There’s scope for floating solar farms in Indonesia. Plenty of sea to be found. http://www.ecowatch.com/worlds-largest-floating-solar-farm-to-provide-10-million-people-with-c-1882182932.html

      • Rav Soin

        Java has adequate land area to install solar PV plants; these plants can be located outside urban area, industrial area roof-tops and even residential. Central Java is less populated.
        Indonesia has so many islands with sparse population (as Java has 60% of total) and thus wonder why the need of submarine cable from Australia.

        • DJR96

          Yeah, but do you want to encourage them to clear even more rain-forests? Not the geography or topography to be viable.

          • Rav Soin

            The main subject was whether submarine link from Australia is worthwhile when natural energy resources are available locally. If rain forest is to be preserved, then that itself is the answer, i.e. biomass is via sustainable forestry. Unless, the locals choose not use too much energy, but we can’t make that decision, as the locals have their own aspirations.
            Solar PV as decentralised source is already deployed in Indonesia.

  • Steve159

    Big solar arrays in near-coastal areas (WA, NT) could convert seawater to synthetic fuel – enough to power the whole planet (pretty much using existing infrastructure).

    Or export hydrogen (from the same systems) for the emerging hydrogen fuel-cell economy in Japan, etc.

    It wouldn’t surprise me if some Chinese, or Japanese consortium are already looking at such areas in Australia with that in mind…

  • Brunel

    How about one from WA to NSW?

    And with so many power cuts in SA, time is overdue to build such a link.

  • john

    Considering the tidal movements In the North West the highest in Australia this should be tied into the proposal as well.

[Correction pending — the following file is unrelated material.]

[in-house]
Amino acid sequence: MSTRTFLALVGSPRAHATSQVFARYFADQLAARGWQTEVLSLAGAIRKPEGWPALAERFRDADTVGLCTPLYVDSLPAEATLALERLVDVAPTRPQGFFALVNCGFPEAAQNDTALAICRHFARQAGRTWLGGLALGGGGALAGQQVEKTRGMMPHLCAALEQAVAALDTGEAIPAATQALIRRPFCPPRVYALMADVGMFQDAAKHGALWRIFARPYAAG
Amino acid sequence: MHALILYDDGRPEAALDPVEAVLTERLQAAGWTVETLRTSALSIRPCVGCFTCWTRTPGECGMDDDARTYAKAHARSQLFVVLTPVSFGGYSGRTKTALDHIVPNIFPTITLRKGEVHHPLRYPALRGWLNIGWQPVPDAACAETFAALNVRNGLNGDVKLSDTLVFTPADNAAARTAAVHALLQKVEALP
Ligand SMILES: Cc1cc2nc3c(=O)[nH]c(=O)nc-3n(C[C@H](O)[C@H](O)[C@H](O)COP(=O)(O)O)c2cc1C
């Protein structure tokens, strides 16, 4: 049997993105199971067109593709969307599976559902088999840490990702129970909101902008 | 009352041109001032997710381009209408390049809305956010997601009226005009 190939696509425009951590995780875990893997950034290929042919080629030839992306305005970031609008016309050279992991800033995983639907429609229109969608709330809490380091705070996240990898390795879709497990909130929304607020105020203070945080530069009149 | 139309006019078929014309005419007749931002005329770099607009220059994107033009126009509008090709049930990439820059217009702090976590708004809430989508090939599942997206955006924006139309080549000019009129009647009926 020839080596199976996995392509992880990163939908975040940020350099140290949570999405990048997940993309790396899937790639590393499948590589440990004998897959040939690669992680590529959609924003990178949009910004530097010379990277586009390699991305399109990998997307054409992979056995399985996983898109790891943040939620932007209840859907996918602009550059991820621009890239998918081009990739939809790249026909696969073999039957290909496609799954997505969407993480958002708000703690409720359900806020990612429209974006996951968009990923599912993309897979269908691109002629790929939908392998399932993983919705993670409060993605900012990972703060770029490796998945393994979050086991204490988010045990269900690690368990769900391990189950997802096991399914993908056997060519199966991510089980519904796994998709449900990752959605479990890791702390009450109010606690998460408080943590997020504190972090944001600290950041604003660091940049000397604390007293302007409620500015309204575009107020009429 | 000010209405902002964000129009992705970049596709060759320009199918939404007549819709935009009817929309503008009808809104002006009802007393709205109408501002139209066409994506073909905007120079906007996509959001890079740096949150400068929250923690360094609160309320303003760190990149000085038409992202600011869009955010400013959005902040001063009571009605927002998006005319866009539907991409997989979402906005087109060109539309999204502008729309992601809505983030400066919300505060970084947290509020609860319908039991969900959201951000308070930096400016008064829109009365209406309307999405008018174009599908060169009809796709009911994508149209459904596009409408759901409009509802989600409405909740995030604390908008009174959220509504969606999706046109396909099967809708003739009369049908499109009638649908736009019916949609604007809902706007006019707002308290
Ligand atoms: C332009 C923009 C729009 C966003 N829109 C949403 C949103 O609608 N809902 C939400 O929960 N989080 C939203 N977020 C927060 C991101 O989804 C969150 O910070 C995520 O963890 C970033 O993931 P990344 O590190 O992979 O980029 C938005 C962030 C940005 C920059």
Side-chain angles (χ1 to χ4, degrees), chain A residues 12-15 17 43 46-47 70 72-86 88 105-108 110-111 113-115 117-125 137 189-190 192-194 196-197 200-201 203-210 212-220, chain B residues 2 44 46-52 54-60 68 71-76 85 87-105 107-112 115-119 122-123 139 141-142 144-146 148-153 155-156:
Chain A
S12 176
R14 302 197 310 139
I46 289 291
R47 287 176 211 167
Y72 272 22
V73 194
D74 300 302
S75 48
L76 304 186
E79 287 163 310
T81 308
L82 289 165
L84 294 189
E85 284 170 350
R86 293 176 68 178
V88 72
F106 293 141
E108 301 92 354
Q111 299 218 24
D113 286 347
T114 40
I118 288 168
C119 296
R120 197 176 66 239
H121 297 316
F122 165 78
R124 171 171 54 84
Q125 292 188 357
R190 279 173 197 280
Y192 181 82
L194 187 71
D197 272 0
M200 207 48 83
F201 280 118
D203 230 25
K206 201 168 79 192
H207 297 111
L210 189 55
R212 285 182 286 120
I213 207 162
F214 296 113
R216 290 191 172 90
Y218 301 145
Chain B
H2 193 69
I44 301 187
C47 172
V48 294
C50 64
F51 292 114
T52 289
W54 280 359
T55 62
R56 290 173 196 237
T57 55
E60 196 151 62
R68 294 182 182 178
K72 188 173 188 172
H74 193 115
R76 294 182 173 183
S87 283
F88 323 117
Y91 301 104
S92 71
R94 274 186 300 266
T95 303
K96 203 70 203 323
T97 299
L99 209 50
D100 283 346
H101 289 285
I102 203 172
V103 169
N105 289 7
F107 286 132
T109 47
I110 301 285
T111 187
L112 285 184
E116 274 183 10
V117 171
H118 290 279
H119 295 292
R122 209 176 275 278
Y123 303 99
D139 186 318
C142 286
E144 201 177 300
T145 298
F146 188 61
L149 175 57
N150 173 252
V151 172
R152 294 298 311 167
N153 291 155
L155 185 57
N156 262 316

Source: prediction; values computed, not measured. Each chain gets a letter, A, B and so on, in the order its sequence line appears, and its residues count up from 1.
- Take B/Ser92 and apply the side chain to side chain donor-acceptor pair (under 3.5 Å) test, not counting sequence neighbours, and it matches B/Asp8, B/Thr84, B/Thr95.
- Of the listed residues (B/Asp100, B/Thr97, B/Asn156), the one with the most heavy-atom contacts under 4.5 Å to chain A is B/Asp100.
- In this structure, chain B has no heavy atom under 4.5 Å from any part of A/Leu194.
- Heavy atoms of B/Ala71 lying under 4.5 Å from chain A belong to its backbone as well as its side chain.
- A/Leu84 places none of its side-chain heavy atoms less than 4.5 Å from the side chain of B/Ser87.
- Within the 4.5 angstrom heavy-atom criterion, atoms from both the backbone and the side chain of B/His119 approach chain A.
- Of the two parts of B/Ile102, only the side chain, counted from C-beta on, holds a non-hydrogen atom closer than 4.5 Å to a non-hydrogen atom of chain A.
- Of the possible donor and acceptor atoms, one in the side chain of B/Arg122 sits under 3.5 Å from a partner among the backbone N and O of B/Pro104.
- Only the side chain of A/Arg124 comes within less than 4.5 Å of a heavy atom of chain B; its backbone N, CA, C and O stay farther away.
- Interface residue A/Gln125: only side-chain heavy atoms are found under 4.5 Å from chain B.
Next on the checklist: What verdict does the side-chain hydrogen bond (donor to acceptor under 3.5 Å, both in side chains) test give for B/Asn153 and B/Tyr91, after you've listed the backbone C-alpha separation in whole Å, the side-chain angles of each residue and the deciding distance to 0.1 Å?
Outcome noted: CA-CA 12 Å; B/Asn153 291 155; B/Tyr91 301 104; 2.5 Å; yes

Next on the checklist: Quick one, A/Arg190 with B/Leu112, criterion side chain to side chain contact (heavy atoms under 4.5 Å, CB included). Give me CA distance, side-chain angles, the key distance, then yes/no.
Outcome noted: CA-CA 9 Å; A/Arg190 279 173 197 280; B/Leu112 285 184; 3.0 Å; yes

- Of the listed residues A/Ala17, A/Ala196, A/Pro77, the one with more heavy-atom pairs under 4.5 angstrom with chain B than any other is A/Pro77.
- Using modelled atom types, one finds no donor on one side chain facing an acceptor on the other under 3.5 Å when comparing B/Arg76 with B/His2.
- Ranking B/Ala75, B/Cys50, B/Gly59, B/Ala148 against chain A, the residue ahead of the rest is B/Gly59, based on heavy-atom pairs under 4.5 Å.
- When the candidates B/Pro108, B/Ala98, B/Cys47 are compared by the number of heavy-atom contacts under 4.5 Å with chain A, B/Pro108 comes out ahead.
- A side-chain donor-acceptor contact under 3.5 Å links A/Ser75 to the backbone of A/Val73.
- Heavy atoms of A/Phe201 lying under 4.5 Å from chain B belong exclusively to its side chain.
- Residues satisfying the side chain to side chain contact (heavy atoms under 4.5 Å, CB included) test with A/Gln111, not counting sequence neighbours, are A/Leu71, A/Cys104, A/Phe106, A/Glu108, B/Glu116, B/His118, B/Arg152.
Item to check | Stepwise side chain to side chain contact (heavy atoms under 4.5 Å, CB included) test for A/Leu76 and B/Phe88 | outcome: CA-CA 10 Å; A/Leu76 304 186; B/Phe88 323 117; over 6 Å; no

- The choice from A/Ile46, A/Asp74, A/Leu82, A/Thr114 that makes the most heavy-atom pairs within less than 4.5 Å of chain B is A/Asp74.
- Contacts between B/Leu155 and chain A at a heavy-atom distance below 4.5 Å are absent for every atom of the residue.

If the figures stack up and because the energy sources are zero and the only costs are capex, operations, repairs and maintenance, then it may go ahead.
    Capital funding is the most important in my view.
    The outcome depends on the cost of capital and the expected return these figures will tell the story.

    • DJR96

      I made a similar comment only yesterday.

      King Sound is about 20,000 gigalitres if you build about 36km of wall/turbines.
      Or there is a couple of smaller inlets, one is about 20 gigalitres with only 500m of wall required. Just a matter of how ambitious you want to be.

      Also, a cable from there to Dili would be half the length.

      • john

        I agree the potential is there it only needs the engineering to be done.

  • Rav Soin

    I do not doubt the good intentions, but having solar farm in Australia and then transport via submarine cables negates the advantage of solar energy as distributed form of energy to use generated and used at situ, rather than losing 15% or so via transmission lines.
    The Investment in submarine cables can go directly to investment in Indonesia on solar farms via an agreed commercial structure, which will also improve relationship between two countries.
    Of course, if the business venture is going to produce transportable fuel, such as hydrogen, then it could be worthwhile.

  • Radbug

    How utterly insane! In the Greens the issue of Solar Methanol, sourced from the Pilbara, has been discussed for YEARS!!!